LingoLit: A Linguist’s Quarantine Reading Guide

The Wug Test 1

Blogger’s note:
I originally wrote this blog entry with the intention of asking the editors of Lingoblog to release it shortly before the summer holidays. However, since then another situation has arisen, which to an even higher degree seems to leave people needing something good to read, so I’ve decided instead to submit this entry now, as a guide to quarantine rather than summer reading. I urge you to consider it a bit of tragic irony when I refer to the holidays below, rather than to the current situation.
The libraries here in Denmark may be closed, but there’s still audio- and e-books as well as online bookstores that are accessible without venturing into the public and risking contamination. I

Deedah dialect words and phrases


Ey up! In this blog post I am going to be listing and explaining just a small proportion of the words and phrases that were once or still are heard on the streets of Sheffield. I asked the people of Sheffield to tell me about their dialect and they provided me with the goods. The words that have been included have been sent to me by Sheffield people themselves. If you can think of any more or recognize any of the ones that I’m going to share with you then please let me know in the comments.

I have consulted some of the available Sheffield Dialect Glossaries of the past which I could find in the University of Sheffield’s Western …

Describing ​NisseEngelsk​: A Brief Memoir

Nisser the Julekalender behind the scenes

A supplement to the Lingoblog-article The language of The Julekalender by Mickey Blake, the original writer of the background study for the article.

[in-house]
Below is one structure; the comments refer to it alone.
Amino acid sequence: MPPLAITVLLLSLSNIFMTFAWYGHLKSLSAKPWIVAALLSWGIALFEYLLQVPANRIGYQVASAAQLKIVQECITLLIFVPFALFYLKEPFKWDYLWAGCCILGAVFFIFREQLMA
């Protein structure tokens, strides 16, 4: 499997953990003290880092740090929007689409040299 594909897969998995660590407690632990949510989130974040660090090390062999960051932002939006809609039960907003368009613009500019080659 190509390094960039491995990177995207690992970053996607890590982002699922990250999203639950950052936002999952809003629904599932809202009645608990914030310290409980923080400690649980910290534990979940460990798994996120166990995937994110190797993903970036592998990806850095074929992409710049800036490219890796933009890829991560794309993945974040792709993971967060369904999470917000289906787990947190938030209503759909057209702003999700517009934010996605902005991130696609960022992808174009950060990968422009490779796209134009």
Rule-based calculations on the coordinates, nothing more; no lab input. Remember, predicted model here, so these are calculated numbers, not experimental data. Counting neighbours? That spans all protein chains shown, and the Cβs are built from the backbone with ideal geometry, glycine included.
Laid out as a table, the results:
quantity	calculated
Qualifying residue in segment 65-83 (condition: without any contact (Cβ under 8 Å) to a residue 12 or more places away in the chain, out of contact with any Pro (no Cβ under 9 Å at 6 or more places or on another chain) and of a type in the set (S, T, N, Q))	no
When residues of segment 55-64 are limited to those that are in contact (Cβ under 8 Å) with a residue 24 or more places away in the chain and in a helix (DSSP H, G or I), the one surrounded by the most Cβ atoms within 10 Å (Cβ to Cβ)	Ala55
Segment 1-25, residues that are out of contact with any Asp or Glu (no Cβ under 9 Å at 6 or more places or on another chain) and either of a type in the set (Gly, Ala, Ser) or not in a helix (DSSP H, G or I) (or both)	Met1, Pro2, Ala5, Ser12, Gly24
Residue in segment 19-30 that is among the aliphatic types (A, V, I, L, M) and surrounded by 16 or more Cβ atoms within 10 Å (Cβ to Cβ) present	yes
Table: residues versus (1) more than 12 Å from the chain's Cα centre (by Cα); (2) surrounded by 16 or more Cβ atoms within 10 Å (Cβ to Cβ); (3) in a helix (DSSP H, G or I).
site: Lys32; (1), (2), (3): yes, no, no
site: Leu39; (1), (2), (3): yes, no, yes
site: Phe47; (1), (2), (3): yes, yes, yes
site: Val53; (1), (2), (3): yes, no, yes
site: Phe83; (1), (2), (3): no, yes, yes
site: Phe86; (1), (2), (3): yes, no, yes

How the time flies! It seems almost impossible that it’s been over twelve years since I visited Carsten Knudsen at his home in Risskov to obtain a copy of the script from “The Julekalender” and ask him about the creation of “N​isseEngelsk​”. Little did I know that day how much work I was setting myself up for!

Peter Bakker had been hoping for years that some brave student with no clue as to what they were getting themselves into would write a description of the fictitious language, and he found his patsy – er, star

The language of The Julekalender

Nisser the Julekalender

This year, Danish television is broadcasting the daily Christmas program The Julekalender for the 10th time. It was originally produced in 1991.

In Scandinavia, there is a long tradition of television series in 24 episodes of a story that relates to Christmas, all through the month of December. This is called a Julekalender, a Christmas Calendar. The Julekalender is said to be the one that has been most often repeated.

A special type of little people, locally called Nisse, plural Nisser, usually play a prominent role in these series. They interact in different ways with the human world, and they are mostly invisible to humans. They play a role in Danish folk beliefs – especially for …